What Rhymes with Cars and Girls is the title of the first solo album by You Am I frontman Tim Rogers, released back in 1999.

Sixteen years later, Rogers’ music and lyrics were coupled with the work of Australian playwright Aidan Fennessy, and the album was transformed for the stage into a critically-acclaimed Melbourne Theatre Company-backed contemporary musical.

This week, as part of a national tour, audiences in Western Sydney will have the chance to see What Rhymes with Cars and Girls come to life on stage at Parramatta’s Riverside Theatres, under the direction of Clare Watson and featuring the original cast and creative team. The piece features a three-piece band, led by Rogers himself as musical director, and stars Johnny Carr and Sophie Ross.

Speaking to Theatre People, Ross couldn’t be more excited to return to the stage with What Rhymes with Cars and Girls.

“I really love the show, I’m really proud of it,” she says. “I think everybody involved has put so much of themselves in it, and it’s really full of love and joy and creativity.”

MTC_WHAT RHYMES WITH CARS & GIRLS_1455. Photo credit Jeff Busby

Sophie Ross in What Rhymes with Cars and Girls (Photo by Jeff Busby)

The show tells the story of Tash and Johnno, two lovers brought together by a conjunction of the stars and a pizza delivery gone awry.

“Essentially, it’s a classic love story, in the sense that they come from fairly different worlds and that begins to be the thing that makes it hard for them to be together. But it’s interesting because their differences aren’t immediately apparent. What you come to learn about them is that … Tash, who I play, comes from a very wealthy middle-to-upper class family in Northern Sydney, and Johnno is from a working class family in Western Sydney.”

Ross says the play examines the class divide that exists in Australia and argues that the myth of classlessness is exactly that.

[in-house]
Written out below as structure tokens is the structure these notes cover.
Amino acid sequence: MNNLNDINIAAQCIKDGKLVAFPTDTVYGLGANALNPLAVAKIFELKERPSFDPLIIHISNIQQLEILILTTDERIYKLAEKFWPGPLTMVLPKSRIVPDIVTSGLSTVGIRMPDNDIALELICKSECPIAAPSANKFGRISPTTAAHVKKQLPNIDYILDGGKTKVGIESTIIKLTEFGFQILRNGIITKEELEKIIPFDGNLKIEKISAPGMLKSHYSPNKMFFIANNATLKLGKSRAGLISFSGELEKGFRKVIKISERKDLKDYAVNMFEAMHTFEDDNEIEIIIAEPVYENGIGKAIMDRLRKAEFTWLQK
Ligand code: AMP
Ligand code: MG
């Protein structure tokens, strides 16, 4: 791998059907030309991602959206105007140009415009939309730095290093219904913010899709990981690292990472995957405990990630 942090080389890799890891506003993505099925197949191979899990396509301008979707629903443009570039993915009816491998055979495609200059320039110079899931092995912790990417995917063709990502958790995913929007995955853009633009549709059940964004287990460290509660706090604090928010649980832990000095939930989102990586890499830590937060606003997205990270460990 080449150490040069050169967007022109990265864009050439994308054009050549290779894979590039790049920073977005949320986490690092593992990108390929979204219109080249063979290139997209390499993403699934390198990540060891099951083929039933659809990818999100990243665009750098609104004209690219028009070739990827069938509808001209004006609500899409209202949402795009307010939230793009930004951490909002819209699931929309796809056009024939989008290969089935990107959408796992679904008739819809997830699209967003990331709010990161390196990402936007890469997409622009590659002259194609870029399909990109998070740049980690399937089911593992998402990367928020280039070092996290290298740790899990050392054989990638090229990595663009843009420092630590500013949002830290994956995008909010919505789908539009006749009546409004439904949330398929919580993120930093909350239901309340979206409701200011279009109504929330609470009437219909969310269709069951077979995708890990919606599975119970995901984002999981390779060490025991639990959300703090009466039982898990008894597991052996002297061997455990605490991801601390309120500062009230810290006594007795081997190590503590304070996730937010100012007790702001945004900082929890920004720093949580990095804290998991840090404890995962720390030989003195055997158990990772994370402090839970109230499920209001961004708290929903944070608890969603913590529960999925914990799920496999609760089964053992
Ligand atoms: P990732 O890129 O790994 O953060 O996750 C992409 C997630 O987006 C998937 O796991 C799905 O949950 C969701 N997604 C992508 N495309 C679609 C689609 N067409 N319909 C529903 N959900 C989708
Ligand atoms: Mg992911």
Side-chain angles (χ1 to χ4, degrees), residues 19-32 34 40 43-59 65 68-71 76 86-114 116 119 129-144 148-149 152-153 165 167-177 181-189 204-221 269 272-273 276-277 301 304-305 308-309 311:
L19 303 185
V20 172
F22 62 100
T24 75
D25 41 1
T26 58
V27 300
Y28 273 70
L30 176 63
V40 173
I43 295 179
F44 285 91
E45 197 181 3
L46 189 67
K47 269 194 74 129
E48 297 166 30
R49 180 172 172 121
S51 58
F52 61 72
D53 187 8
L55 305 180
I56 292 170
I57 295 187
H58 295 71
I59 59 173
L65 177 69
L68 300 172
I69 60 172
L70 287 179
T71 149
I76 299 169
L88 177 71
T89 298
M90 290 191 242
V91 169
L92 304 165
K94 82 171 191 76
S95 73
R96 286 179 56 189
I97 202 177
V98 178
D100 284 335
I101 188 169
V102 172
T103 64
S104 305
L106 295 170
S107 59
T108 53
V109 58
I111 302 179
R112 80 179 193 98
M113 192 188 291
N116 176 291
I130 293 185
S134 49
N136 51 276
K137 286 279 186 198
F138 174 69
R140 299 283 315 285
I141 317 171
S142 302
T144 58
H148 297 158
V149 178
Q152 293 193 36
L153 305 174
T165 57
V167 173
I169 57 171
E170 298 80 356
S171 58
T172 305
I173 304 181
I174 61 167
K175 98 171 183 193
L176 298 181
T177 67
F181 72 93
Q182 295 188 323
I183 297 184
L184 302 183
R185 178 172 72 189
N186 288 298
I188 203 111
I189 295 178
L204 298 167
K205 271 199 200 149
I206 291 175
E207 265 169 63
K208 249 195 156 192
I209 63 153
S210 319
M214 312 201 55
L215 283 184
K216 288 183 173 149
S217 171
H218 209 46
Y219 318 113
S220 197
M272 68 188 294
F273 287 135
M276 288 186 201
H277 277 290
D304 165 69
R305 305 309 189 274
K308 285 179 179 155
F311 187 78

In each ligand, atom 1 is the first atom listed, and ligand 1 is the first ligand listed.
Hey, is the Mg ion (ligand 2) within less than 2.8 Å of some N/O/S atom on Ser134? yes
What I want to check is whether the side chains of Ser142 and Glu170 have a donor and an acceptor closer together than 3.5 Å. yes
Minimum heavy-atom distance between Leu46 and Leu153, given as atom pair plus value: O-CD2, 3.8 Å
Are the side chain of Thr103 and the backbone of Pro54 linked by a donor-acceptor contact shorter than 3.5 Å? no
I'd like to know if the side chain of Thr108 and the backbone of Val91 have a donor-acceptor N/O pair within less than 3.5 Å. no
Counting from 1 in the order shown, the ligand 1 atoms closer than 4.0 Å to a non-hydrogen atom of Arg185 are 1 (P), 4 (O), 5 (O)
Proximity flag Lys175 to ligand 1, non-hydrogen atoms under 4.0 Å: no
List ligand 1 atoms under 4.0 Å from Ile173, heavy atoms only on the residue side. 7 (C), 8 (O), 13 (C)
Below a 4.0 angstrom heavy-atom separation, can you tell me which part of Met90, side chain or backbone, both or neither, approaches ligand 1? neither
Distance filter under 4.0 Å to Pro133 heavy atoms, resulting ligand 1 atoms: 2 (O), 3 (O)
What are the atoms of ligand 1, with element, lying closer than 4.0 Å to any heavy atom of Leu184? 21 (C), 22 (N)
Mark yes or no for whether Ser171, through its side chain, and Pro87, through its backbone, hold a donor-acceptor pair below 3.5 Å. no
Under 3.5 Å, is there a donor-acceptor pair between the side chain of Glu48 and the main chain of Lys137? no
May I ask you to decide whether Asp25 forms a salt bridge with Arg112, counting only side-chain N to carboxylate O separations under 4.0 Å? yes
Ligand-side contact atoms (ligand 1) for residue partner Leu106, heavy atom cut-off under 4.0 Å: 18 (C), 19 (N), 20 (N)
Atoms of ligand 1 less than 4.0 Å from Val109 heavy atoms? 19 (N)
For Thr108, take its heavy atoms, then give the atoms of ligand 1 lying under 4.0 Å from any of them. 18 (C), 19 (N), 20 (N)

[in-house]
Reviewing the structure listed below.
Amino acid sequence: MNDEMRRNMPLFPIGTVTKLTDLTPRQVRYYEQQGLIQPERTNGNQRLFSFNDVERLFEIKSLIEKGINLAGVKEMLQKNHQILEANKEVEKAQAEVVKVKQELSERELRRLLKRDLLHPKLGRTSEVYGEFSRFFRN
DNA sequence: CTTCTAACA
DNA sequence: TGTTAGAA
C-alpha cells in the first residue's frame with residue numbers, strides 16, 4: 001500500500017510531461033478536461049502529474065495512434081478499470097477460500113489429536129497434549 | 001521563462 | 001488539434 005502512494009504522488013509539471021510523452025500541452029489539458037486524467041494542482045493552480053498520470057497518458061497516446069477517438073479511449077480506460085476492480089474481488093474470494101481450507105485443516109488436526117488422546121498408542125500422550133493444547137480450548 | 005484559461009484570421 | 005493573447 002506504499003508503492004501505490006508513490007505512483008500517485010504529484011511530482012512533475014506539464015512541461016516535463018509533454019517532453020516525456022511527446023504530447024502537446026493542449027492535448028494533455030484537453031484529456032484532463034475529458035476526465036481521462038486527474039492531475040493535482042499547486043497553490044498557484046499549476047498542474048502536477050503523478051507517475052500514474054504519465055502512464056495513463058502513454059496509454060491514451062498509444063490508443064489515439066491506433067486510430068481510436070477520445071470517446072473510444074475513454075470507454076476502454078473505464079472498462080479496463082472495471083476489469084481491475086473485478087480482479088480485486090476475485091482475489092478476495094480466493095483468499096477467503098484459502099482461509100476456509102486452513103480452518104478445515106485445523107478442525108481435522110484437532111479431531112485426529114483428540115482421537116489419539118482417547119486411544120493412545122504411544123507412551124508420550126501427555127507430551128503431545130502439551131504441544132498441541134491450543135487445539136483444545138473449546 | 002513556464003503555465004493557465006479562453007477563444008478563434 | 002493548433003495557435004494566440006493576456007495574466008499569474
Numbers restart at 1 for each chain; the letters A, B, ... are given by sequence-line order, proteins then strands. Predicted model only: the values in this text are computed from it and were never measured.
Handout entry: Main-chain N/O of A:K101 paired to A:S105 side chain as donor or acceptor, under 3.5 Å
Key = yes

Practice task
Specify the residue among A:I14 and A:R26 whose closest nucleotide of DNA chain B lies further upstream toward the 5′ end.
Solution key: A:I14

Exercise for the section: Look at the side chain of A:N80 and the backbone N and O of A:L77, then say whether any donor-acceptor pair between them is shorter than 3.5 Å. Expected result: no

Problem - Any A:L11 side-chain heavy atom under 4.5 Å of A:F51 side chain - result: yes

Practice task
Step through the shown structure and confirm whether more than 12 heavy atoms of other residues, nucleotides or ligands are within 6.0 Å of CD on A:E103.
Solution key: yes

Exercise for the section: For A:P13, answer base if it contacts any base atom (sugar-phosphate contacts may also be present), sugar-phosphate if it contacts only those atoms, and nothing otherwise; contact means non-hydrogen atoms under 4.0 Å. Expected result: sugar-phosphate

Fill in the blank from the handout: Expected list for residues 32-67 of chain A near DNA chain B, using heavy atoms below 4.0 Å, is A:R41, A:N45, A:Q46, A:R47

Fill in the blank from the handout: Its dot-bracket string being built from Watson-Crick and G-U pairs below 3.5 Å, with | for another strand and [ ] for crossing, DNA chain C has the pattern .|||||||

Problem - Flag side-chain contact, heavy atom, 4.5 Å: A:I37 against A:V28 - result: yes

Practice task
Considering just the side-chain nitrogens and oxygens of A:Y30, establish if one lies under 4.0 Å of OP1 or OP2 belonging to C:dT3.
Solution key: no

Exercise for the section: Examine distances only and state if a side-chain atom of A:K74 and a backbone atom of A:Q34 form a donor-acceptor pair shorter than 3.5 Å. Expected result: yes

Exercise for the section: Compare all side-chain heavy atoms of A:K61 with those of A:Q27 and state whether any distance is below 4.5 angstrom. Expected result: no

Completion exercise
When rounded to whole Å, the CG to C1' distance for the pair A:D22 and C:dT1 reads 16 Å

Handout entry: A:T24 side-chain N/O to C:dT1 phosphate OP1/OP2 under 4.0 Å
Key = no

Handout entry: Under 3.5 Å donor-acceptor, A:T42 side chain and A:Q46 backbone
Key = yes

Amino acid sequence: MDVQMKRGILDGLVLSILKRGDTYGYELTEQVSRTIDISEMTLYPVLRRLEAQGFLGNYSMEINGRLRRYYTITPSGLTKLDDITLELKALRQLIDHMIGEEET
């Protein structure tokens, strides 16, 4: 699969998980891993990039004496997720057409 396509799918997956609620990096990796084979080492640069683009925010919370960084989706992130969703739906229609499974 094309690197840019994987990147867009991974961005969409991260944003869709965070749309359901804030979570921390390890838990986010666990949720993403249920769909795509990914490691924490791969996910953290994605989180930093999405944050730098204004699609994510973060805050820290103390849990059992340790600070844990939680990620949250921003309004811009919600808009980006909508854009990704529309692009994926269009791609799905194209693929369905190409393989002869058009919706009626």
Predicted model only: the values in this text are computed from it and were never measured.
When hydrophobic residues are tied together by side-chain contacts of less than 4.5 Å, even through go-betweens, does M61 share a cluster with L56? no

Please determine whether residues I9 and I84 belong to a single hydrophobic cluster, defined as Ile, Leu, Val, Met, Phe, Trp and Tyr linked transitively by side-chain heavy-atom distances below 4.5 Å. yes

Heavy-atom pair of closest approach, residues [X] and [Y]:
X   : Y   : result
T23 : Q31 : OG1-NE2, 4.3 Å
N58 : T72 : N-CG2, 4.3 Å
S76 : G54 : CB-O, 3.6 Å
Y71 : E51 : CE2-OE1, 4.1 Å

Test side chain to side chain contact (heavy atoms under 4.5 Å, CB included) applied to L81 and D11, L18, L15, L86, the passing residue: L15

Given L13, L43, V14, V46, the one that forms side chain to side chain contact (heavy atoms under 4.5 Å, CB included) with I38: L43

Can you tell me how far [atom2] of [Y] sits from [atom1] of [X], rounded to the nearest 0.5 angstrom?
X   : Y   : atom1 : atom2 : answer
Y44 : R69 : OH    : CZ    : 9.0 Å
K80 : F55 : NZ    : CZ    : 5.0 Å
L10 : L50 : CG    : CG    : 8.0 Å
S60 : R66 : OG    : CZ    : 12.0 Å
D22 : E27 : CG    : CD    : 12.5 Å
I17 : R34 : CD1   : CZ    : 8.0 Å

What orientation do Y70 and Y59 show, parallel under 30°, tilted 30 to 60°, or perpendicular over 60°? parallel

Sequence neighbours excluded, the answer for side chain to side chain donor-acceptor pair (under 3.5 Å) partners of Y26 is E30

“That’s what drives the moments of conflict in the piece but, ultimately, it’s a love story with some really beautiful music and some goofball behaviour,” she adds.

MTC_WHAT RHYMES WITH CARS & GIRLS_1146. Photo credit Jeff Busby

Johnny Carr and Sophie Ross in What Rhymes with Cars and Girls (Photo by Jeff Busby)

Ross discusses what it is that’s ignited such a passion for this project.

“I think there’s a really wonderful alchemy or energy that exists with all the people that are in this room, which I don’t know that I’ve experienced ever before in a show,” she says. “The team itself is such a collaborative team that it means that every moment on the stage is playful and alive and open to vulnerability and possibility, which is really fun to be in, but also I think to be in the audience of, because it’s genuinely alive and quite different every night.

“We don’t change the words, but we can shift the way that we play things in quite an organic way, which is not always the case in a piece of theatre. Sometimes, it’s really dictated how it’s got to be.

“It’s an extraordinarily alive and open piece, and I find that really beautiful … I have never not wanted to do the show, I love every minute of it.”

MTC_WHAT RHYMES WITH CARS & GIRLS_1094. Photo credit Jeff Busby

Tim Rogers and Sophie Ross in What Rhymes with Cars and Girls (Photo by Jeff Busby)

Ross also heaps praise on her co-star.

“Working with Johnny Carr, who plays Johnno, is pure delight,” she says. “He’s such a brilliant actor and glorious human.”

Brett Sheehy, MTC artistic director, describes the fact of What Rhymes with Cars and Girls going on tour around the nation as attesting to Australia’s desire for contemporary, home-grown works.

“When you combine a feel-good love story, inspired by an iconic Australian album, with some of the country’s most charming creative talents, you’re bound to create a type of magic that captures the hearts of its audiences, as it did when it premiered in 2015,” says Sheehy.

“I have no doubt that it will delight audiences right around the country.”


WHAT RHYMES WITH CARS AND GIRLS
– SEASON DETAILS

When: 8pm from 11th to 14th October; and 2pm on 14th October
Location: Riverside Theatres – Corner Church and Market Streets, Parramatta
Tickets: Adult $62, Concession $57, 30 & Under $48
Discounts available for Riverside Theatres’ Members
Transaction fees: phone $4.60, web $3.60 and counter $2.60
Bookings: riversideparramatta.com.au or (02) 8839 3399

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